Iraq’s semi-autonomous Kurdistan Regional Government plans to start regular payments to oil producers including DNO ASA, Genel Energy Plc and Gulf Keystone Petroleum Ltd. within seven days. The companies’ shares rallied.
Kurdistan allocated $75 million of revenue from the sale of crude oil for payments, the KRG’s Ministry of Natural Resources said Monday in an e-mailed statement. Operators of the Taq Taq oil field, including Genel Energy, will receive $30 million, while the same amount will go to Tawke field operator DNO, it said. Gulf Keystone said it will receive $12 million of the $15 million allocated for the Shaikan field, with the remainder going to its partners, Mol Group and Texas Keystone Inc.
“Regular payments will be needed to allow the exporting companies to cover their ongoing expenses and plan for further investment in the oil fields, which will in turn boost production and thus help the people of the Kurdistan region,” according to the ministry statement. Further payments will be made as shipments rise in 2016, it said.
The payments would be the first scheduled compensation to companies that have been caught for years in a dispute over revenue sharing between authorities in the northern Kurdish enclave and Iraq’s federal government. Genel’s shares rallied as much as 6.8 percent in London, while Gulf Keystone climbed 5.3 percent. DNO rose as much as 8 percent in Oslo trading.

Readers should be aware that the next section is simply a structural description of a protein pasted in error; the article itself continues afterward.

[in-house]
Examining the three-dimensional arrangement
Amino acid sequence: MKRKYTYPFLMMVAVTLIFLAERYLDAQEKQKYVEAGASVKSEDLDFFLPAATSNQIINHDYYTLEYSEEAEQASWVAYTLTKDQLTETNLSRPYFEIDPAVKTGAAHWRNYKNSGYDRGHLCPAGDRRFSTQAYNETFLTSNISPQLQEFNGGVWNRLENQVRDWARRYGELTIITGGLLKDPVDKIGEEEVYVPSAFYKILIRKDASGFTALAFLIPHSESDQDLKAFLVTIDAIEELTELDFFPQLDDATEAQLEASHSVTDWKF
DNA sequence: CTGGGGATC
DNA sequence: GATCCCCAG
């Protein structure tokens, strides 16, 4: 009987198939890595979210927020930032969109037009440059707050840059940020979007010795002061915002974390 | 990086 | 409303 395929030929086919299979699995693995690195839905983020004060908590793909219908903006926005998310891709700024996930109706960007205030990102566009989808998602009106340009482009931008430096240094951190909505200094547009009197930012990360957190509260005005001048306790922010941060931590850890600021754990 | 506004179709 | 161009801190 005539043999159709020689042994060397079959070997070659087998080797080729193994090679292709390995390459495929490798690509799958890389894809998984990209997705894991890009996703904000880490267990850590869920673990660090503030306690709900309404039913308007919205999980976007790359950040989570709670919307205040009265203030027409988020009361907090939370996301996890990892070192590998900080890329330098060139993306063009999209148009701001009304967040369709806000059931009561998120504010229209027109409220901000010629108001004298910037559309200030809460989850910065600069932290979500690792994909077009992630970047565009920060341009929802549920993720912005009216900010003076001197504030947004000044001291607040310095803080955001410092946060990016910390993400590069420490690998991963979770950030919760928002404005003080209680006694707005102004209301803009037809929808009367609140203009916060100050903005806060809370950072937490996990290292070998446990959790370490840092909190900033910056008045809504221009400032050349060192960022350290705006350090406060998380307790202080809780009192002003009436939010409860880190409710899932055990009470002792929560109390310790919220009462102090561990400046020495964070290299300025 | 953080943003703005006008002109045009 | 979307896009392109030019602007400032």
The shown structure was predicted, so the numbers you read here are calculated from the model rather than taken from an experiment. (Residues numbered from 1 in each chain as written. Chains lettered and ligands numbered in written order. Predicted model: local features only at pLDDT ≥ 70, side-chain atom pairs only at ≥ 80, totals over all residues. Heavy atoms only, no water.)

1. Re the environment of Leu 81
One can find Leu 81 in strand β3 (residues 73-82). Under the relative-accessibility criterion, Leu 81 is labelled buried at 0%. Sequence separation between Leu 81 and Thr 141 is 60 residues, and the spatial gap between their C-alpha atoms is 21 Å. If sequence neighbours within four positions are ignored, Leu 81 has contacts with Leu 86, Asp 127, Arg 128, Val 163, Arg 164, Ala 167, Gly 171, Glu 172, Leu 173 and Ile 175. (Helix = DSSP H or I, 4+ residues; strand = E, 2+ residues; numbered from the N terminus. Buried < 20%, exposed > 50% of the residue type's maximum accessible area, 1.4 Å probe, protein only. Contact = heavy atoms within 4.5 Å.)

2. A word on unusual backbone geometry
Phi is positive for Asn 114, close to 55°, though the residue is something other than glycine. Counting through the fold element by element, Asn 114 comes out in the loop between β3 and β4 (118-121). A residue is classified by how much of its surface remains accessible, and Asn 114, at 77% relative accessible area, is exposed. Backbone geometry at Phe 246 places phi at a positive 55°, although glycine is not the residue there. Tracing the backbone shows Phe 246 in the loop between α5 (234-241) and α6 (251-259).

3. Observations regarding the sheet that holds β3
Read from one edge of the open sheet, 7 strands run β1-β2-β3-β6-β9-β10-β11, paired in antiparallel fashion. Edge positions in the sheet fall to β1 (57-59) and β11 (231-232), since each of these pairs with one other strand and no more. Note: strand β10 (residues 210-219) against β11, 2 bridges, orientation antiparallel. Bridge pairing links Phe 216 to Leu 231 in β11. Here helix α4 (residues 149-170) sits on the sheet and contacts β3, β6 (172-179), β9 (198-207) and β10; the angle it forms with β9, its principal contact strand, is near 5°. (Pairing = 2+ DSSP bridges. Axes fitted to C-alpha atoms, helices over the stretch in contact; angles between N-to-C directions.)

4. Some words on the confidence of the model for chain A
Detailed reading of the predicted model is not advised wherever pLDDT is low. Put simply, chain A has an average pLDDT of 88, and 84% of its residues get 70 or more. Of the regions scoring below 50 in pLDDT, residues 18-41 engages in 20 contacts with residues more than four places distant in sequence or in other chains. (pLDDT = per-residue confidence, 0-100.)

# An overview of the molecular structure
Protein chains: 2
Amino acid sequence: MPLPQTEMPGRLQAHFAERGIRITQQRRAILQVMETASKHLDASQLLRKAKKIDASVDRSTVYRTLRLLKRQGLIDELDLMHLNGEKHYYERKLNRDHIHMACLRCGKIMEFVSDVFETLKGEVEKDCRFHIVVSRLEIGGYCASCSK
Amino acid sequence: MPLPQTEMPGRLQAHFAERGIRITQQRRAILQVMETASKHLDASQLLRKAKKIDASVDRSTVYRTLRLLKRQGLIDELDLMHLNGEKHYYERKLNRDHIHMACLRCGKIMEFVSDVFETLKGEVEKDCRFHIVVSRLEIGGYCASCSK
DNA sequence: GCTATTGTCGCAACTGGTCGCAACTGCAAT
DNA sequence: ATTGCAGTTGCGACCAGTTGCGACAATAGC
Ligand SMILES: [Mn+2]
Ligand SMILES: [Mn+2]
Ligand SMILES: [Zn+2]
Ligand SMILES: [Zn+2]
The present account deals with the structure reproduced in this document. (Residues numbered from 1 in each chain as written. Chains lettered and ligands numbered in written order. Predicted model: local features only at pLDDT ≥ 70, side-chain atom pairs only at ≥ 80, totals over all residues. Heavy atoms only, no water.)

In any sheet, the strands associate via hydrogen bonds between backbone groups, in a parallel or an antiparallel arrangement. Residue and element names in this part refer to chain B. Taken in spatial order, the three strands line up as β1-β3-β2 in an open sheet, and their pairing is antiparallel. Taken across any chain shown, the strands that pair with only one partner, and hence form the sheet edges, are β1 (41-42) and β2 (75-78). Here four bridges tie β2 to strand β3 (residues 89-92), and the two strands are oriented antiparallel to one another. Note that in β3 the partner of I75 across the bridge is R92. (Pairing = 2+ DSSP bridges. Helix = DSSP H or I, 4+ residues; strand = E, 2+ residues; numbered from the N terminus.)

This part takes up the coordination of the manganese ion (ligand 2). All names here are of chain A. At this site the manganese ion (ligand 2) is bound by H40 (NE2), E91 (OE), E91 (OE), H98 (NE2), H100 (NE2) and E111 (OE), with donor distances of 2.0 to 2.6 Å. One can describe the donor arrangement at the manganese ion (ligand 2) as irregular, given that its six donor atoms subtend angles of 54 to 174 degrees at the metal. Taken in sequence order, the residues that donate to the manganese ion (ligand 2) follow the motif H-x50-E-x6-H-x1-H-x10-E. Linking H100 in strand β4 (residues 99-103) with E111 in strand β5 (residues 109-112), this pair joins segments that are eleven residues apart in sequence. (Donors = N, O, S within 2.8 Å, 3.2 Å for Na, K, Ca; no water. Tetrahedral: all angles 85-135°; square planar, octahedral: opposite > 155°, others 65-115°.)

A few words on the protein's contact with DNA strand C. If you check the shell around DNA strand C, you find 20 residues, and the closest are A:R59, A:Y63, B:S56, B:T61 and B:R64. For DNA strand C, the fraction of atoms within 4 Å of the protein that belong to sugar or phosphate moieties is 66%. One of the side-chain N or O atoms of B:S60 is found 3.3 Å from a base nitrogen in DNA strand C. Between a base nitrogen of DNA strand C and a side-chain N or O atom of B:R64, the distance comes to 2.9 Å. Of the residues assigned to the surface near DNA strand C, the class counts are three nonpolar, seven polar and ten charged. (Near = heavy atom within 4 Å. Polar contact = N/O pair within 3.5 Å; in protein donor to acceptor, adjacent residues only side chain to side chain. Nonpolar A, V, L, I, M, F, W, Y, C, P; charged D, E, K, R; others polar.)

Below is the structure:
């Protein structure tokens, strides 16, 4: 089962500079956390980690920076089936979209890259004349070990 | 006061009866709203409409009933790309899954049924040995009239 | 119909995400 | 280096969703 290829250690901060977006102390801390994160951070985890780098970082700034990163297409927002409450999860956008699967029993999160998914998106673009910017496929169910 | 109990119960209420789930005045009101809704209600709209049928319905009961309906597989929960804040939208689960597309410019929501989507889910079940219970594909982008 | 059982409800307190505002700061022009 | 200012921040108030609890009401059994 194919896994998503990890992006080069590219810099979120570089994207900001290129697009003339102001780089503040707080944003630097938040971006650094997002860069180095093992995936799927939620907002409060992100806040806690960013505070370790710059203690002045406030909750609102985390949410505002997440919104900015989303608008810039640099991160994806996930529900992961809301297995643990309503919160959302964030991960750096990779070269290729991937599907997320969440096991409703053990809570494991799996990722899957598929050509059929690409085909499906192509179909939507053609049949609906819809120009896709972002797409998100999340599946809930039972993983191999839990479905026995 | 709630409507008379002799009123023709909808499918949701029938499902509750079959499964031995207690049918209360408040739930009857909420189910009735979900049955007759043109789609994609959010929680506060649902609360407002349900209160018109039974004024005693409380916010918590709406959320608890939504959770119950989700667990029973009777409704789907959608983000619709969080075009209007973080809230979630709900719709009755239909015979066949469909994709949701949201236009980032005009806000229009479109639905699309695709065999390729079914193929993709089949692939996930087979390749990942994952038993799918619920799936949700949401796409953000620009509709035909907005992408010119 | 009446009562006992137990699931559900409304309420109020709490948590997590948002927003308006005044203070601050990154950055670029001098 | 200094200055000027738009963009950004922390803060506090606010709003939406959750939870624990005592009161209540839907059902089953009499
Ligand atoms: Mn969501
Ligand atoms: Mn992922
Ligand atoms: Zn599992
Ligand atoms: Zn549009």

“At this critical time for our company and for the entire oil industry in the Kurdistan region, we welcome the announcement of this payment,” Gulf Keystone Chief Executive Officer Jon Ferrier said in a statement.
Gulf Keystone last received a KRG payment, also of $15 million, in December, the company said on Aug. 27. Genel and DNO were paid a combined $60 million from the authorities, according to statements in December.
Even after Iraq’s central government agreed with the Kurds in December to allow increased oil shipments, payments continued to elude producers after the collapse in prices squeezed KRG budgets. Crude exports are the main source of revenue for the KRG to pay for government salaries and services and finance the war against Islamic State militants, according to the statement.
“The steep fall in the price of oil means the KRG continues to struggle to cover its minimum financial needs,” the ministry said. “But it is also recognized that it is unrealistic to expect the international oil companies to be able to sustain oil exports at current levels without receiving some of their financial dues on a predictable basis.”
Benchmark Brent crude has slumped more than 50 percent over the past year and was trading at $48.96 a barrel at 1:32 p.m. in London.
Iraq’s minority Kurds, who historically have resisted control by the central government in Baghdad, are independently developing oil reserves they say may total 45 billion barrels. That’s equivalent to almost a third of Iraq’s deposits, according to BP Plc data. The KRG exported 472,832 barrels a day in August, down from 516,745 barrels a day in July, because of sabotage and theft inside Turkey, according to a Sept. 3 ministry statement.